Written by: Dr. Maher Al-Shareef - Researcher and Historian - Palestinian Studies Foundation – Beirut

Successive Israeli governments, especially since the beginning of this third millennium, resorted to all forms of genocide against the Palestinian people. Before the South Africa’s lawsuit against Israel before the International Court of Justice, accusing it of committing acts of genocide in its war on the Gaza Strip, the term "political genocide" had emerged since the 1970s. Israeli socio-critical scholar Baruch Kimmerling used this term in his book published in 2003, titled "Politicide: Ariel Sharon's Wars Against the Palestinians." He accused his country's government of implementing "a wide range of social, political and military activities" aimed at "putting an end to the political and national existence" of the Palestinian people, thereby denying their "right to self-determination."

Following the establishment of the Russell Tribunal on Palestine in 2009, some human rights activists and international sociologists accused Israel, especially after the destructive war it waged on the Gaza Strip in the operation known as "Operation Cast Lead" in the same year, of committing acts of "social genocide" with the aim of eliminating the elements of life in the Gaza Strip and preventing it from rebuilding itself.

The widespread use of the term "home demolition" dates back to Israel's occupation of the West Bank, including Jerusalem, and the Gaza Strip in 1967. Since then, Israeli governments have resorted to demolishing Palestinian homes under various pretexts. They demolished the homes of resistance fighters, claiming that they targeted occupying forces and settlers with their operations. They also demolished the homes of citizens, alleging that they were built without permission from the occupying authorities. Additionally, homes of Jerusalemites were demolished on the pretext that Jews "owned them before 1948," and so on.

In its successive wars on the Gaza Strip since late 2008, the Israeli occupying forces, using inadequate pretexts, destroyed tens of thousands of homes or inflicted significant damage on them. However, the current scale of destruction in the Gaza Strip is of a different nature. The government of Benjamin Netanyahu, during the war that has been ongoing for more than a hundred days on the Gaza Strip, widely targeted the homes of Palestinians. The clear objective was to render them uninhabitable, forcing the inhabitants to migrate. Faced with the extent of the destruction inflicted on residential units, the term "domicide" emerged in the writings of analysts and reports of experts who closely followed the events of this war.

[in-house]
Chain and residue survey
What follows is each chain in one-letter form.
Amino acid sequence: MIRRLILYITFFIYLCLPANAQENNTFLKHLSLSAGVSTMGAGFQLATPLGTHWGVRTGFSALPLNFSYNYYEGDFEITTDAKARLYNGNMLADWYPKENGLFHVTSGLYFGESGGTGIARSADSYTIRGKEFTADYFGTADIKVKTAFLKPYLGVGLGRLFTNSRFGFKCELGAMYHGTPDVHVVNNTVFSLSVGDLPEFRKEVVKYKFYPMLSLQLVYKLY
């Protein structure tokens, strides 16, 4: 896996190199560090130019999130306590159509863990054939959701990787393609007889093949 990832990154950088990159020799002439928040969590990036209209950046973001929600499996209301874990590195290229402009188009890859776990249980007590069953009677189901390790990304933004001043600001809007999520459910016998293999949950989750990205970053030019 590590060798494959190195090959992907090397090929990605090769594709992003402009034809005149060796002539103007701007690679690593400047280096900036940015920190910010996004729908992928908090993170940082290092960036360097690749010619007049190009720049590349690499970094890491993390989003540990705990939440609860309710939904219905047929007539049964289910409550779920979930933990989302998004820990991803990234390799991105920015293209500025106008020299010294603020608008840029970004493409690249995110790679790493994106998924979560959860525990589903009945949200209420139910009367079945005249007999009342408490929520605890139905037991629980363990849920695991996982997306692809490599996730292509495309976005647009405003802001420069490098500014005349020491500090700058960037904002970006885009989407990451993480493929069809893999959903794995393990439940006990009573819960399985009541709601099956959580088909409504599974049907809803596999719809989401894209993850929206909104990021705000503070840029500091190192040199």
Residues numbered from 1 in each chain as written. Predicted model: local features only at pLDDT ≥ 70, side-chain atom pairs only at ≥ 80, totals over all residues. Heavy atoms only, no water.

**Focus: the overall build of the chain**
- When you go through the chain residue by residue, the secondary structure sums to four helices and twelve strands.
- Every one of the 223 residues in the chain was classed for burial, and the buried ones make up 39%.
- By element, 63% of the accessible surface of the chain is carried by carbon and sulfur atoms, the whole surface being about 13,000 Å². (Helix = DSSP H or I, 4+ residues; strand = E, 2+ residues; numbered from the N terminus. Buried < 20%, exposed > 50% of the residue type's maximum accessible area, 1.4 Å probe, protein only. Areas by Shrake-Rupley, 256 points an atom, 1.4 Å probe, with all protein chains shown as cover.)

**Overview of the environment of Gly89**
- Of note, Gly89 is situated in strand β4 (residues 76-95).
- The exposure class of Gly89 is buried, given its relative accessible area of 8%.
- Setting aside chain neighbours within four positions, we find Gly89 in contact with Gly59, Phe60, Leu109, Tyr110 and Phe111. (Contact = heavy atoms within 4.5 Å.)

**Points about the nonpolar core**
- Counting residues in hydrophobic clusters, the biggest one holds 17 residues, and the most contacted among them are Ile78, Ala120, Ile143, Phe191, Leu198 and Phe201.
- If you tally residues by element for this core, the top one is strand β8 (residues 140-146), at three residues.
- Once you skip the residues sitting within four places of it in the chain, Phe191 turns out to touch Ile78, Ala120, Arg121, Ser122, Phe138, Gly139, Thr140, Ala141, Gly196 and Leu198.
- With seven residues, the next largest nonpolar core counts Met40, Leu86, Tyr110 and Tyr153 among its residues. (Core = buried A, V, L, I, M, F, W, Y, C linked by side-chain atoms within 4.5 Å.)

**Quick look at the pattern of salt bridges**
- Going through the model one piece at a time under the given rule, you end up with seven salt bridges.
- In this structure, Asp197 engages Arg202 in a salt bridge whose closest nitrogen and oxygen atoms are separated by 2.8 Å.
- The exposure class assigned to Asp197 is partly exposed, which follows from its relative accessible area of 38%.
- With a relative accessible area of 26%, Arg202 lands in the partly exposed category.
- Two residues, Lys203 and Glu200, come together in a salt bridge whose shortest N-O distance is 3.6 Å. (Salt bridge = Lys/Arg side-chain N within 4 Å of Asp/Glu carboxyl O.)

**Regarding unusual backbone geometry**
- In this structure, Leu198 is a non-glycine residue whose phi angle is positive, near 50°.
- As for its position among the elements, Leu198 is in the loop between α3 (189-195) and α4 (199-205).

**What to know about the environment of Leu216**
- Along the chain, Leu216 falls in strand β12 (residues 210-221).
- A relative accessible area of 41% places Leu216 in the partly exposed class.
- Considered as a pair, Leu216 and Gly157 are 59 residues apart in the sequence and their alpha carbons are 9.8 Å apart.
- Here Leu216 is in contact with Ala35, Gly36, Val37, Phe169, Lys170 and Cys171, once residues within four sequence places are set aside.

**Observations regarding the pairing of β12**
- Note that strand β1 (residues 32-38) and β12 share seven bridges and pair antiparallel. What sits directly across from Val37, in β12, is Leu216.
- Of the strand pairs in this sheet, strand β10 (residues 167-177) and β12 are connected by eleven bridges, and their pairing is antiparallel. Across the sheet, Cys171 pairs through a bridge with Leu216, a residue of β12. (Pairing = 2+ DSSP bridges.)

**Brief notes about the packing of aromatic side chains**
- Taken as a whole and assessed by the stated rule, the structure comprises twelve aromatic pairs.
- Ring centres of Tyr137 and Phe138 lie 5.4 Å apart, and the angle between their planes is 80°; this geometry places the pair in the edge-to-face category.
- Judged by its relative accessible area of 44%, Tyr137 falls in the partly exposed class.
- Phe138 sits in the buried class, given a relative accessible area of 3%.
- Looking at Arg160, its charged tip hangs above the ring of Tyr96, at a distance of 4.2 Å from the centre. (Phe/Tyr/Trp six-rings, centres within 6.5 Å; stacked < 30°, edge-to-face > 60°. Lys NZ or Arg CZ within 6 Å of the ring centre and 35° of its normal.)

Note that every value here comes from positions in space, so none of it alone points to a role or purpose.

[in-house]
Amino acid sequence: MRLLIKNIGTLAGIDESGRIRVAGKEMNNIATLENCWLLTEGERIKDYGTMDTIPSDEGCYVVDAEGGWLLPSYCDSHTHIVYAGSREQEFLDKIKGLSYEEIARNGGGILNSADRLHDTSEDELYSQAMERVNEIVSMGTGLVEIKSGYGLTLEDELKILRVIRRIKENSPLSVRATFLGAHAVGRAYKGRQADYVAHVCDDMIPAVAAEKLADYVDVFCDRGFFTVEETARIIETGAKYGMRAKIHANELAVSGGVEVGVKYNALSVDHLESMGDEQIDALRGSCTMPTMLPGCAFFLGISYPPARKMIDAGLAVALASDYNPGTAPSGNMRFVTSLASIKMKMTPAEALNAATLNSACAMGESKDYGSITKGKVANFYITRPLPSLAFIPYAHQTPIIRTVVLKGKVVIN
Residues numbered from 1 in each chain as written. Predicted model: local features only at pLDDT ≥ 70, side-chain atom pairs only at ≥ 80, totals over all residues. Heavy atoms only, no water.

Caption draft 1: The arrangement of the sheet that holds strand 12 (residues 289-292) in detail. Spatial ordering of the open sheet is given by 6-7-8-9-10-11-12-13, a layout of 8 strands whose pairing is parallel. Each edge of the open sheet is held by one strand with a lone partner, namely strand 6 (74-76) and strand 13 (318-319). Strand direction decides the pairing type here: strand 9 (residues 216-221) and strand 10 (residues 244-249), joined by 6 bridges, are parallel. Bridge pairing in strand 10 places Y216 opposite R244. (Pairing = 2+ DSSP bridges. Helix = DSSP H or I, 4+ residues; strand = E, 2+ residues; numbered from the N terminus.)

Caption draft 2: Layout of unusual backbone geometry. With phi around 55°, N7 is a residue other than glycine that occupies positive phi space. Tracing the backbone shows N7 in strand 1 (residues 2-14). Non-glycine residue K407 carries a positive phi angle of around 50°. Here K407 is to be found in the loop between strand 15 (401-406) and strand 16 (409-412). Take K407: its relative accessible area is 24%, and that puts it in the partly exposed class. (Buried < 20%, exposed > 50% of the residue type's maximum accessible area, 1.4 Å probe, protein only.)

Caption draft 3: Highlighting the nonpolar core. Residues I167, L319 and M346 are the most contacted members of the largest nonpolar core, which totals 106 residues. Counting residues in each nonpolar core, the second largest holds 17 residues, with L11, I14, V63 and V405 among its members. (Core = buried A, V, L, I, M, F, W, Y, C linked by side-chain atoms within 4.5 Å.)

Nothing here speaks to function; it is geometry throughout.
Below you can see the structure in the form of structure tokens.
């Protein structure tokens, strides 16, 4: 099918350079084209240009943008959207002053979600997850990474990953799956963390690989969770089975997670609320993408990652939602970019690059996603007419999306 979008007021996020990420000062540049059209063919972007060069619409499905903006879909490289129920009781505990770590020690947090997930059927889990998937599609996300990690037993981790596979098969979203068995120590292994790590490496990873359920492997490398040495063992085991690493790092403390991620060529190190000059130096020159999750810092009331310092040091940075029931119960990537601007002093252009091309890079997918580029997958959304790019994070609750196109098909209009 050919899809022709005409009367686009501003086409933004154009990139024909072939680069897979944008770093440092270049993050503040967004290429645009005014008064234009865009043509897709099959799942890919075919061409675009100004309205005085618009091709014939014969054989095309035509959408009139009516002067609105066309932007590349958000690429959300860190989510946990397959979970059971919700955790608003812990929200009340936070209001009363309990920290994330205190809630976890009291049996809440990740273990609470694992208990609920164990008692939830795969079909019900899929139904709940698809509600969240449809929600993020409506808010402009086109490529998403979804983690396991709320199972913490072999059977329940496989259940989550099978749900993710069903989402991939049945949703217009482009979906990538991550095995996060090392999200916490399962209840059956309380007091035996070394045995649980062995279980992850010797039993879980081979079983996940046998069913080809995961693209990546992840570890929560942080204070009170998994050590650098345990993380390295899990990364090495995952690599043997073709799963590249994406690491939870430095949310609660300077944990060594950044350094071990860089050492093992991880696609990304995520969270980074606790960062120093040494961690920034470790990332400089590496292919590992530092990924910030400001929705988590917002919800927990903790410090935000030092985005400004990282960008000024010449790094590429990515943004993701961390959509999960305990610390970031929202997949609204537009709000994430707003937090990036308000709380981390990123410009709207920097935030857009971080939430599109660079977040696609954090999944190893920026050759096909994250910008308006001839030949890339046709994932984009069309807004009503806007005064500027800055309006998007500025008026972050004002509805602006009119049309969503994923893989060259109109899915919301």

This term was first introduced in 2001 in a book written by the geographer J. Douglas Porteous and Assistant Professor of Geography Sandra Smith titled "Domicide: The Global Destruction of Home," published by McGill-Queen's University Press in Montreal. In July 2022, Balakrishnan Rajagopal, the United Nations Special Rapporteur on adequate housing, employed this term to refer to "widespread or systematic destruction of civilian homes during conflicts." In a report he presented in October of the same year to the United Nations General Assembly after his visit to the occupied West Bank, he explained, "I witnessed how a home, the culmination of a lifetime's effort and a source of pride for entire families, can be destroyed in a matter of moments, turning it into rubble. It is not just a house that has been destroyed; it is also the savings of entire families, memories and the sense of belonging to a place. The destruction of homes causes a social and psychological shock that is difficult for me to describe or even imagine."

On February 13, 2023, in a joint report prepared with Francesca Albanese, the Special Rapporteur on the situation of human rights in the Palestinian territories occupied since 1967, and Paula Gaviria Betancur, the Special Rapporteur on the human rights of internally displaced persons, delegated by the Human Rights Council, Balakrishnan Rajagopal called for "holding Israel accountable for its deliberate and systematic demolition of Palestinian homes." They added that Israel "systematically demolishes Palestinian homes and deprives them of building permits in the West Bank, while also establishing illegal settlements." They considered "Israeli tactics involving the forcible displacement and expulsion of Palestinian populations to have no limits" and that "direct attacks on homes, schools, livelihoods and water resources of the Palestinian people are nothing but Israeli attempts to limit Palestinians' right to self-determination and threaten their existence." They also mentioned that dozens of Palestinian families are facing imminent risks of forced evictions and displacement "due to discriminatory zoning and planning systems that support Israeli settlement expansion — an illegal act under international law and amounts to a war crime."

A report issued by the United Nations in early November 2023 indicated that 45% of the homes in the Gaza Strip were either destroyed or damaged as a result of Israeli airstrikes. By the 29th of the same month, which marked the beginning of the temporary ceasefire that was later abandoned, satellite images showed that 98,000 buildings had been damaged in the Gaza Strip. Then, in late December of the same year, the "Wall Street Journal" reported that 70% of homes and approximately half of the buildings in the Gaza Strip had been damaged or destroyed, constituting an "unprecedented destruction in modern urban warfare." The removal of debris, according to the report, "will take at least a year," while the reconstruction of the destroyed homes "will take between seven to ten years."

The United Nations described the Gaza Strip as now being a "place of death and despair" and simply "unfit for habitation." Martin Griffiths, Under-Secretary-General for Humanitarian Affairs and Emergency Relief Coordinator, expressed regret on Sunday, January 7th,2024, for the fact that the residents of the Strip, especially the displaced amounting to around 1.8 million people, "face daily threats in the eyes of the world." Meanwhile, Julia Grignon, the Scientific Director of France’s Institute for Strategic Research (IRSEM), stated that "the term 'home demolition' allows us to describe the reality [in the Gaza Strip]; it is true that this term does not add anything at the legal level, but it draws attention to what is happening." It allows highlighting the violated rights resulting from it, such as "the right to access water, sanitation or the right to education in the case of destroyed schools."